Strong support from Eleanor Burgess as Jack’s older sister, and Gary Ball as the shell-shocked soldier who brings a halting, haunting account of Jack’s death into the tranquillity of the sitting room. He is persuaded to do so by an engagingly awkward friend, perfectly done by Darren Hannant. Sam Thorley and Andrew Spong join Ball in the fragile camaraderie of battle, and the top brass on the medical board are Alan Thorley and James Biddle.
A very impressive production of a timely, touching piece, directed with style and sensitivity and played to perfection by a fine acting company.
We are staging “My Boy Jack” by David Haigh at the Brentwood Theatre on 25th, 26th and 27th February.
“My Boy Jack” shows Kipling’s unwavering determination to get his son, Jack, successfully enlisted in the army just before the start of WWI and the devastating impact this has on the Kipling family.
The performances will start at 8:00 p.m.
Tickets cost £13 and £11 (concession) and can be ordered online at the theatre’s website:
The play is produced in association with Nick Hern Books.
We gratefully acknowledge the support of the Brentwood Arts Council.
N.B. The play contains some very strong language, and there will be sound effects to represent gun fire, exploding shells and light flashes.
Cast and crew are:
RUDYARD KIPLING – BILL WELLS
CARRIE KIPLING – LINDSEY CRUTCHETT
JOHN ‘JACK ‘ KIPLING – BEN SYLVESTER
ELSIE ‘BIRD’ KIPLING – ELEANOR BURGESS
GUARDSMAN BOWE – GARY BALL
GUARDSMAN DOYLE – ANDREW SPONG
GUARDSMAN McHUGH – SAM THORLEY
MR. FRANKLAND – DARREN HANNANT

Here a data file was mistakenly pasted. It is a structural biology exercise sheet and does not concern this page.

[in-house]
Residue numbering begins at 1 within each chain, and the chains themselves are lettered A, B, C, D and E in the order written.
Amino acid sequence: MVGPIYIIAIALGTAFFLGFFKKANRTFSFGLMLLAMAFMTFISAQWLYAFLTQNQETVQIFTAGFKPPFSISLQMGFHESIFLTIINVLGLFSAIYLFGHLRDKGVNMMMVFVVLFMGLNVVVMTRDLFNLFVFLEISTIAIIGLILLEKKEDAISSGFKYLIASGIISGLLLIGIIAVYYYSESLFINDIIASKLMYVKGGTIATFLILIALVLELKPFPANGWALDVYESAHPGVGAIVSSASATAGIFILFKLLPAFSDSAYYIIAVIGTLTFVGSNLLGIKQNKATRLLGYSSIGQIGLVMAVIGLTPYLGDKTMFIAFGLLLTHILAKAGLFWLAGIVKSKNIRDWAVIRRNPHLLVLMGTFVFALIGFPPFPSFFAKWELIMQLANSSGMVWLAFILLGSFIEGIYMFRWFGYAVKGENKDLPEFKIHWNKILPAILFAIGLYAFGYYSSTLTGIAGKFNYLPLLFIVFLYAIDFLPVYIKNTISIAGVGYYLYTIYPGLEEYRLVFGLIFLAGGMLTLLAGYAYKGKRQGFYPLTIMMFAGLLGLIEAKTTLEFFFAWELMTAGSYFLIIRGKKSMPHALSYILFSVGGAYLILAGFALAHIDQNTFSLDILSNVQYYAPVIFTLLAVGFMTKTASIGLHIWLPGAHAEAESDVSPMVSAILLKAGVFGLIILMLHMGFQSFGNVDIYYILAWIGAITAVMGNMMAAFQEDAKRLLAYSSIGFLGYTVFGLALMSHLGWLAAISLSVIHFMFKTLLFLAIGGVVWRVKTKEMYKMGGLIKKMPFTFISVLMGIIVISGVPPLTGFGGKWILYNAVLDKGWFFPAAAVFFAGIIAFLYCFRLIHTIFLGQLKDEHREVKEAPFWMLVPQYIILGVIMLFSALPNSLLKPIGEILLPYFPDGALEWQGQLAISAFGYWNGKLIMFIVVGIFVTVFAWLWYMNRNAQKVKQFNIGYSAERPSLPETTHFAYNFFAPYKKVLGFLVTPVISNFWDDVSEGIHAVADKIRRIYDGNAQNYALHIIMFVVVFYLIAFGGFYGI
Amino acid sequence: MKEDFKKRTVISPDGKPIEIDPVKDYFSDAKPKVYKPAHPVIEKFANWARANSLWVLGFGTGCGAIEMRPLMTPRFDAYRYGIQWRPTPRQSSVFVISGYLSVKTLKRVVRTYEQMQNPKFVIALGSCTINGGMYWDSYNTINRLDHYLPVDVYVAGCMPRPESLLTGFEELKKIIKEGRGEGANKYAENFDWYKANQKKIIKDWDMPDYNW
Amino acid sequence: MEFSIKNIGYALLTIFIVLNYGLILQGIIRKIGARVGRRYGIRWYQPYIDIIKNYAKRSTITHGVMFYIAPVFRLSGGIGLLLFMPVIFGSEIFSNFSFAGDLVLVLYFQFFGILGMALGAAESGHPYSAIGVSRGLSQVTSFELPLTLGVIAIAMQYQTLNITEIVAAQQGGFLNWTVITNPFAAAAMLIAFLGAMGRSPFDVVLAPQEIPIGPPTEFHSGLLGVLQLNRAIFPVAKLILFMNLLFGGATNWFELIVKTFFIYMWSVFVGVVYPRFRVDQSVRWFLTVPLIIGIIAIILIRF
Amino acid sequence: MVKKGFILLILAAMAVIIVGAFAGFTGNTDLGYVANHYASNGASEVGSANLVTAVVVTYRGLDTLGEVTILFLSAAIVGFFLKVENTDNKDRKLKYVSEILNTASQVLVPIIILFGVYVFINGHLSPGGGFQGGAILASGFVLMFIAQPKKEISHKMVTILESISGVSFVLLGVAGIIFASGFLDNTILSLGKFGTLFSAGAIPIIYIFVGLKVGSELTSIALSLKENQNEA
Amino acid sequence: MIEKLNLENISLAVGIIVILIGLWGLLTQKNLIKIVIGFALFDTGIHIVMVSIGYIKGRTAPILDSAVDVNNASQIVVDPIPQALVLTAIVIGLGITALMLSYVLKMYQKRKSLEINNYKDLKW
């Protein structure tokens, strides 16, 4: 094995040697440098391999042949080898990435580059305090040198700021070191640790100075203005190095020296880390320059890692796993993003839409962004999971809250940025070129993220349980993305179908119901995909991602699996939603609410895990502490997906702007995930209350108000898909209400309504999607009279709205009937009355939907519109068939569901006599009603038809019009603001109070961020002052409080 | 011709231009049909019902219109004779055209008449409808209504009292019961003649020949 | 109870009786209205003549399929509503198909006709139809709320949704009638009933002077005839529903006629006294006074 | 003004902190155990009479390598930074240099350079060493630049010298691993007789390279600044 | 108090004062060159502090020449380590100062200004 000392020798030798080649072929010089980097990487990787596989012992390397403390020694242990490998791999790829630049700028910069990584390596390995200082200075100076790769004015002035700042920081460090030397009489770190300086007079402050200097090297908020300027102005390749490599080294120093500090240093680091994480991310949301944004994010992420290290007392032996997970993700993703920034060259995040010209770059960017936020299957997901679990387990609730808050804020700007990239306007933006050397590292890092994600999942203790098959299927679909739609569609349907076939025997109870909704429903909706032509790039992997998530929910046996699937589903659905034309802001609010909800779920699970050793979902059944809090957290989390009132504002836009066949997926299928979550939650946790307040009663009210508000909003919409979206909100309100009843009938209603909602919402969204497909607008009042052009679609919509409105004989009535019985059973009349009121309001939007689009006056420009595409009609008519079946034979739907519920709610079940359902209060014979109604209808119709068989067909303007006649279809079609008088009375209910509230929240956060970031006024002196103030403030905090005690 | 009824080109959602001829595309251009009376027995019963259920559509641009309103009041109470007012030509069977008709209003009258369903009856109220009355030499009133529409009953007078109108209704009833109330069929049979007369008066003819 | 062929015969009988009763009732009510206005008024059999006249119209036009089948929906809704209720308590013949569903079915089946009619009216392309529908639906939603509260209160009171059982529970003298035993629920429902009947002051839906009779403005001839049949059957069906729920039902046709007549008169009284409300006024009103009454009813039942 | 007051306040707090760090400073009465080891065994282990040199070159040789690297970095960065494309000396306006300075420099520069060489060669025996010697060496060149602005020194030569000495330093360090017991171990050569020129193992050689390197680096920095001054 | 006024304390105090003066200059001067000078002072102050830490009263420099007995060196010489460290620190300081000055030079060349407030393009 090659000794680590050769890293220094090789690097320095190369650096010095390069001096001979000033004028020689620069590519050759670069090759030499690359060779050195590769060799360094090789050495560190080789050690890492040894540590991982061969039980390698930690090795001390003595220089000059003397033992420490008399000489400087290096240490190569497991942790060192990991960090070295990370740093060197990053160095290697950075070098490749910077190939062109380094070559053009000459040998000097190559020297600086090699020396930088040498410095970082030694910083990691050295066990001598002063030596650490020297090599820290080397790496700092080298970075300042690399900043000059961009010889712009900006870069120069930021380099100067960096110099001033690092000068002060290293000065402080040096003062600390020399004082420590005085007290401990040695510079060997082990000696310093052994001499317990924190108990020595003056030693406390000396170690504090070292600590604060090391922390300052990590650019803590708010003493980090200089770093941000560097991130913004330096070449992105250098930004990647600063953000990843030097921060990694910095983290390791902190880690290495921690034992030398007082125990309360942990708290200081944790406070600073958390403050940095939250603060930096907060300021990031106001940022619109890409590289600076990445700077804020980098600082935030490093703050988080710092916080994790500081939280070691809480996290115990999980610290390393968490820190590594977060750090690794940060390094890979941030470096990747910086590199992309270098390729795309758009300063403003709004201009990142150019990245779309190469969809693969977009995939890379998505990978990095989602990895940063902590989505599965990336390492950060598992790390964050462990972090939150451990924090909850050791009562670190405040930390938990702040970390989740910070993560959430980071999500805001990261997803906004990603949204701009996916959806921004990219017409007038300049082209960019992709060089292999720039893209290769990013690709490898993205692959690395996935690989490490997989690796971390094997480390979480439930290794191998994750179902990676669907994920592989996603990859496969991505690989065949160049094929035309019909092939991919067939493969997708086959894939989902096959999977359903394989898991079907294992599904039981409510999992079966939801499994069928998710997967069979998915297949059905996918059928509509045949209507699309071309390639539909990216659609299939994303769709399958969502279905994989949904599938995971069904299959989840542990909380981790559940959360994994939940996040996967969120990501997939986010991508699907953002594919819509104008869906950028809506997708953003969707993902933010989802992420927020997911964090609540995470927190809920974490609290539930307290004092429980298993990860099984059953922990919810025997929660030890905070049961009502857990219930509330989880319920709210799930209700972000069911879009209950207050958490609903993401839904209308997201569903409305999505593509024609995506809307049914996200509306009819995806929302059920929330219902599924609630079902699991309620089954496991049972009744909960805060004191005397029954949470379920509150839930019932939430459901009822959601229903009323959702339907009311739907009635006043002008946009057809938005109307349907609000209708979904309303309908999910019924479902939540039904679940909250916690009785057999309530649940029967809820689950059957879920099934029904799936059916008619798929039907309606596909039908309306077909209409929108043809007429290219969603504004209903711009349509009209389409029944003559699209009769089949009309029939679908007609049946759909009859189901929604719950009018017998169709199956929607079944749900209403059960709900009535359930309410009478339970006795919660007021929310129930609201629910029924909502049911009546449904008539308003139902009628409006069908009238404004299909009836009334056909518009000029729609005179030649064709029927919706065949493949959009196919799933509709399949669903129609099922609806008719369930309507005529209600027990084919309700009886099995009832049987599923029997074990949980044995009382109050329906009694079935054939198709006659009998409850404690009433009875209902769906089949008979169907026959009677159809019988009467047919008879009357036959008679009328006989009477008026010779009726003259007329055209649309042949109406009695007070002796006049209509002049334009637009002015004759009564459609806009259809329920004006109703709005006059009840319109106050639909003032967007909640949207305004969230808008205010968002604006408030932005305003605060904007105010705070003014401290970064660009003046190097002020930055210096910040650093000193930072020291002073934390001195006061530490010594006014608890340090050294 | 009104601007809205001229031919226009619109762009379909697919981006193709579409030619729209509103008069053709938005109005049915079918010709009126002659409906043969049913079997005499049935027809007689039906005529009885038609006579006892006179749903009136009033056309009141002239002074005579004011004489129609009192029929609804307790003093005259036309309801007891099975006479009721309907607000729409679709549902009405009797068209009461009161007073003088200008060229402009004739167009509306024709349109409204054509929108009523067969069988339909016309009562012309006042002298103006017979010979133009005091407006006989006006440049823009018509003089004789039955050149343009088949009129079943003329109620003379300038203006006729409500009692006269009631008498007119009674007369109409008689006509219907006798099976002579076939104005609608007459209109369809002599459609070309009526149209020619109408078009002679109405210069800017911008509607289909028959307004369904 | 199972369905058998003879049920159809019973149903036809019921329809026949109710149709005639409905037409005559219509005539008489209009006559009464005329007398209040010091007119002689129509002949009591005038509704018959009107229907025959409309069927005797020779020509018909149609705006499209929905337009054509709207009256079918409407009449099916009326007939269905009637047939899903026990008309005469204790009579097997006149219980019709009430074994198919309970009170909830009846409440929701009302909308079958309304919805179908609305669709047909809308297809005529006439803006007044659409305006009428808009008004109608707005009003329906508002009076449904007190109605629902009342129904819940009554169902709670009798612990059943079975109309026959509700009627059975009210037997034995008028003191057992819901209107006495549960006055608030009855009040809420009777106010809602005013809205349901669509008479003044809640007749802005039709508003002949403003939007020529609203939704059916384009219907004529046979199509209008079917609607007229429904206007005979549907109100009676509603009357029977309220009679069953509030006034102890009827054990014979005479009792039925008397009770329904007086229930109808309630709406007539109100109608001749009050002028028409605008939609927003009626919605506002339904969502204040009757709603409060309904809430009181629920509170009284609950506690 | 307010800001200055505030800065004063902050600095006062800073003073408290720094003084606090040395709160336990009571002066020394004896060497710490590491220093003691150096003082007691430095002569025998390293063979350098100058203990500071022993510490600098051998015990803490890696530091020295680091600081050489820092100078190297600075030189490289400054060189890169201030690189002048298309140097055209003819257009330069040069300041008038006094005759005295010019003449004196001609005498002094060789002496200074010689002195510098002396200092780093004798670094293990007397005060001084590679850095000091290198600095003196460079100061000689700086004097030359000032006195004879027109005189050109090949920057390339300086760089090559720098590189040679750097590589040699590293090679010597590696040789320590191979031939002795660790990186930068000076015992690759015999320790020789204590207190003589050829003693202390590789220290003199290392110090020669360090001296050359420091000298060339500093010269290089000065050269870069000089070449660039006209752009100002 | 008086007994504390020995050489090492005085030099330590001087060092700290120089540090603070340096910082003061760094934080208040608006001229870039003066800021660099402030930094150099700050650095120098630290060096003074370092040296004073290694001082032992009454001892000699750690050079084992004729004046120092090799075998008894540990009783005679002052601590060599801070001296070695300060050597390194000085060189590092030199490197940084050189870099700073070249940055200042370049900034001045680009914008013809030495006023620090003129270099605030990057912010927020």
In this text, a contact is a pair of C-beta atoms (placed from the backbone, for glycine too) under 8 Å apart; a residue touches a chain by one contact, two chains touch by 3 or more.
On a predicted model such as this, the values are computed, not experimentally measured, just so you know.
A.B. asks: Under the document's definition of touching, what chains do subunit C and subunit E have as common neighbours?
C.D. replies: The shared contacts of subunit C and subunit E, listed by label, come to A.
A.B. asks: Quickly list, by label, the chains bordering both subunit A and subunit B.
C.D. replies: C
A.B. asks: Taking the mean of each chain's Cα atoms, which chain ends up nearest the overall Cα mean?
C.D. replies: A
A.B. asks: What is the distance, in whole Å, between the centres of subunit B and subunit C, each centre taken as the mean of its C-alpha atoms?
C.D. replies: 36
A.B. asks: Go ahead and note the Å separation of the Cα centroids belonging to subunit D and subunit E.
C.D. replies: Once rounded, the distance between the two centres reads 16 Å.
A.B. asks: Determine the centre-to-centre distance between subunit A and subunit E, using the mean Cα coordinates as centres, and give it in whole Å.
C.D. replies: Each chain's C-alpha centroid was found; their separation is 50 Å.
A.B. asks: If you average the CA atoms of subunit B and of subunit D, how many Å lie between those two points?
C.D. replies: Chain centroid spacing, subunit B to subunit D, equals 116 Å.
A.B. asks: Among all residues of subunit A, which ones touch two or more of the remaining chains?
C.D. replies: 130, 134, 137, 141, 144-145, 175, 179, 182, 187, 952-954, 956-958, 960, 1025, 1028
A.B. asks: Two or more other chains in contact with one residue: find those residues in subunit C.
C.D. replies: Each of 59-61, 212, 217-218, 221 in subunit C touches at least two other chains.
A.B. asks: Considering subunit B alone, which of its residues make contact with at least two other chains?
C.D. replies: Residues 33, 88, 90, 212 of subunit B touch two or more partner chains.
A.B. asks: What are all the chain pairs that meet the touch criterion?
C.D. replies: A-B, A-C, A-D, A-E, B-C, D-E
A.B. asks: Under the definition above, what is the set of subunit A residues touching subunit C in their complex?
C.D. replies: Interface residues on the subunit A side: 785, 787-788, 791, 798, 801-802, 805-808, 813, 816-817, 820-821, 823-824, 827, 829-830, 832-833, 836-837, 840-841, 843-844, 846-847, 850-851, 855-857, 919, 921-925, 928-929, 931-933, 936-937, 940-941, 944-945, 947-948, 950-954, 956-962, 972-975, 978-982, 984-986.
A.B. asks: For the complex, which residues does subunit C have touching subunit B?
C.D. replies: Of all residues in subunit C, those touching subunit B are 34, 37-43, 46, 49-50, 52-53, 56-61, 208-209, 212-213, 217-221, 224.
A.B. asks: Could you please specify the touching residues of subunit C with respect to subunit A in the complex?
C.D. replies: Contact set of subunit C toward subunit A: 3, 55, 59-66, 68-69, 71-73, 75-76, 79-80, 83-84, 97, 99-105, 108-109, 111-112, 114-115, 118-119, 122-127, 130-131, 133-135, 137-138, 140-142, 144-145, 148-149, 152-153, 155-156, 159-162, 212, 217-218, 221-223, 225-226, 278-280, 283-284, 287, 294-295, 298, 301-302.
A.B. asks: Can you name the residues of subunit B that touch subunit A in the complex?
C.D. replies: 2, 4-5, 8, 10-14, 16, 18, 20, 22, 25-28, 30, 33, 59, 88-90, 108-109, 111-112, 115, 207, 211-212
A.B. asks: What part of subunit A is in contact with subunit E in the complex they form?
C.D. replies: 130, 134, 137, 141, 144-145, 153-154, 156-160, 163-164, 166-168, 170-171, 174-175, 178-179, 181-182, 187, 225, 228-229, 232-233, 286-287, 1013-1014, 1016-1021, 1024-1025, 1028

COLONEL RORY POTTLE – JAMES BIDDLES
MAJOR SPARKS – ALAN THORLEY
Stage management team:-
STAGE MANAGER – JUNE FITZGERALD
LIGHTING AND SOUND – GUY LEE
MAKE-UP/WIGS/HAIR – JANET CASS AND JOAN SCOTT
Liz Calnan – “Best Supporting Actress in a Play” for Aunt Alicia in “Gigi”.
Gary Ball (joint award) – “Best Actor in a Play” for George Pigden in “Out of Order”.
Bill Wells (joint award) – “Best Actor in a Play” for Richard Willey in “Out of Order”.
Richard Spong – “Best Supporting Actor in a Play” for The Waiter in “Out of Order”.
The Hutton Players received the inaugural Mary Redman Award for “Out of Order”.
The director of “Gigi” and “Out of Order”, June Fitzgerald, was awarded the Jackson Cup for “Outstanding Contribution to Non-professional Theatre in Brentwood.
Many congratulations to the above individuals and the whole cast of “Out of Order”.
The Hutton Players and Kytes Theatre Group present a Comedy Night at the South Weald Parish Hall on 5th September starting at 8:00 p.m.
Tickets cost £10.00 and can be obtained from the Kytes Theatre Group website and on the door.
The first half will comprise well known comedy sketches. The second half consists of “Whose Line is it anyway”. In addition there will be a stand up spot and live music.
“Gill Wilson award for most imaginative costume”
Eleanor Burgess for “Best performance for a person aged 18 and under” as Gigi
Liz Calnan for “Best supporting actress in a play” as Alicia de St Ephlam
Jake Portsmouth for “Best performing actor in a play” as Gaston Lachaille
“Out of Order”
Best design of a play
Best production of a play
Lindsey Crutchett for “Best supporting actress in a play” as Pamela Willey
Richard Spong for “Best supporting actor in a play” as the waiter
Romy Brooks for “Best performing actress in a play” as Jane Worthington
Gary Ball for “Best performing actor in a play” as George Pigden
William Wells for “Best performing actor in a play” as Richard Willey
Brentwood Theatre on 18th/19th and 20th June starting 20:00
Tickets £13 and £11
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Directed by June Fitzgerald
Richard – William Wells
George – Gary Ball
Ronnie – Danny Hemmings
Waiter – Richard Spong
Manager – David Lintin
Body/Dectective – Justin Cartlidge
Pamela – Lindsey Crutchett
Gladys – Susie Falkner
Jane – Romy Brooks
Maid – Kathy Smith